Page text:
From the book it is clear to see that Winterson is obsessed with physics. She creates several physical manifestations of quantum physics principles in the book which I enjoyed. They include a nasty little room containing a black hole which stretches its unlucky inhabitants into endless strands of human spaghetti and a kind woman who rescues our young heroine. This woman, of course, has a cat, but the cute part is that it is Schrodinger's cat. Ha-ha-ha! I guess you have to be in on the joke. Erwin Schrodinger devised a thought experiment in 1935 as a response to some of the notions suggested by quantum physics, that illustrates what he saw as a paradox. This brings that cat to life, or to death - depending on when you look at him.
I am glad to say that this hodgepodge of a story eschews a pat and sentimental ending. I am not sorry to have been entertained by this book - see my other thoughts here and here, but I think in future that I will stick to Winterson's more idiosyncratic and skillfully written fiction for adults.
I also started John Banville's Eclipse (a recommendation of Verbivore's). The narrator is a former actor, now forgotten, it seems:
When I was young I was often dismissed as a matinee idol. This was unfair. True, I could, as I say, be the flaxen-haired hero when occasion called for it, but I played best the sombre, inward types, the ones who seem not part of the cast but to have been brought in from the street to lend plausibility to the plot. Menace was a speciality of mine, I was good at doing menace. If a poisoner was needed, or a brocaded revenger, I was your man. Even in the sunniest roles, the ass in a boater or the cocktail-quaffing wit, I projected a troubled, threatening something that silenced even the hatted old dears in the front row and made them clutch their bags of toffees tighter. I could play big, too; people when they glimpsed me at the stage door were always startled to find me, in what they call real life, not the shambling shaggy heavyweight they were expecting, but a trim lithe person with the wary walk of a dancer. I had mugged it up, you see, I had studied big men and understood that what defines them is not brawn or strength or force, but an essential vulnerability. Little chaps are all push and self-possession, whereas the large ones, if they look at all presentable, give off an appealing sense of confusion, of being at a loss, of anguish, even. They are less bruiser than bruised. No one moves more daintily than the giant, though it is always he who comes crashing down the beanstalk or has his eye put out with a burning brand. All this I learned, and learned to play.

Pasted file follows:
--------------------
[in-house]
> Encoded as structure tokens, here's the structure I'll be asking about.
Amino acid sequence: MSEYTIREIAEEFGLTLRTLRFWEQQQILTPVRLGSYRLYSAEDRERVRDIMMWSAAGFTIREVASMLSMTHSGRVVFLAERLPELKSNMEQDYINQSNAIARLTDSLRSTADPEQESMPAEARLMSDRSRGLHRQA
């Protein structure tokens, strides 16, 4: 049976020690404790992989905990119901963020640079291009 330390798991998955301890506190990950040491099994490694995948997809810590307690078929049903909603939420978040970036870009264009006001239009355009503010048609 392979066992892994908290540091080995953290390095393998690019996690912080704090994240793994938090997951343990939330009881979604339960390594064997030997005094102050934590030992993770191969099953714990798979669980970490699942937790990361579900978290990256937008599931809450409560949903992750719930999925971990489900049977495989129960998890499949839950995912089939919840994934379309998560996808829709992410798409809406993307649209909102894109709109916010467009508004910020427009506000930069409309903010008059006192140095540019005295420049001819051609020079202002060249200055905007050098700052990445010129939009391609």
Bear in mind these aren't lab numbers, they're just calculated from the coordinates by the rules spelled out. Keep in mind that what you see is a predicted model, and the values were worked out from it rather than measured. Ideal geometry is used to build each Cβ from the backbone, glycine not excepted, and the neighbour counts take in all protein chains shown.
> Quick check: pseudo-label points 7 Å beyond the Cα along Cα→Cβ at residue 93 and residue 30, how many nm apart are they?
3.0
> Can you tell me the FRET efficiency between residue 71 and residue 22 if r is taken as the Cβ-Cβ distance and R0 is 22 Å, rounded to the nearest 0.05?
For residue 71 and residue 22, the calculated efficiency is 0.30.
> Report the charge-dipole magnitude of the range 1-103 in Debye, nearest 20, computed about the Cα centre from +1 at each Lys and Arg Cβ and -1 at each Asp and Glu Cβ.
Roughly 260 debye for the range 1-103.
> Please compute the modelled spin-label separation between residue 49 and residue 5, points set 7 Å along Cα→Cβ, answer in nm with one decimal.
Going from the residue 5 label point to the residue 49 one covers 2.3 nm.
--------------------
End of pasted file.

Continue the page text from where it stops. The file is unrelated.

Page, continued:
The writing is really tasty, isn't it? And this narrative voice reminds me of Charles Arrowby, the chief character in Iris Murdoch's Booker-winning The Sea, The Sea. He also was an actor - and that book is a wonderful combination of a story in which you have to know what happens next and one in which it is agony to see how Arrowby will next embarrass himself. I've barely started Eclipse but am loving it already. Thanks, Verb.
Jude the Obscure
Middlemarch (in progress)
Among the Russians
Red Cavalry (in progress)
Eclipse (in progress)
The Solitudes (started, don't know if I'll get through it)
Rhythms of the Brain
Neuroscience of Cognitive Development (in progress)
Attachment, Play, and Authenticity (in progress)
In the Land of No Right Angles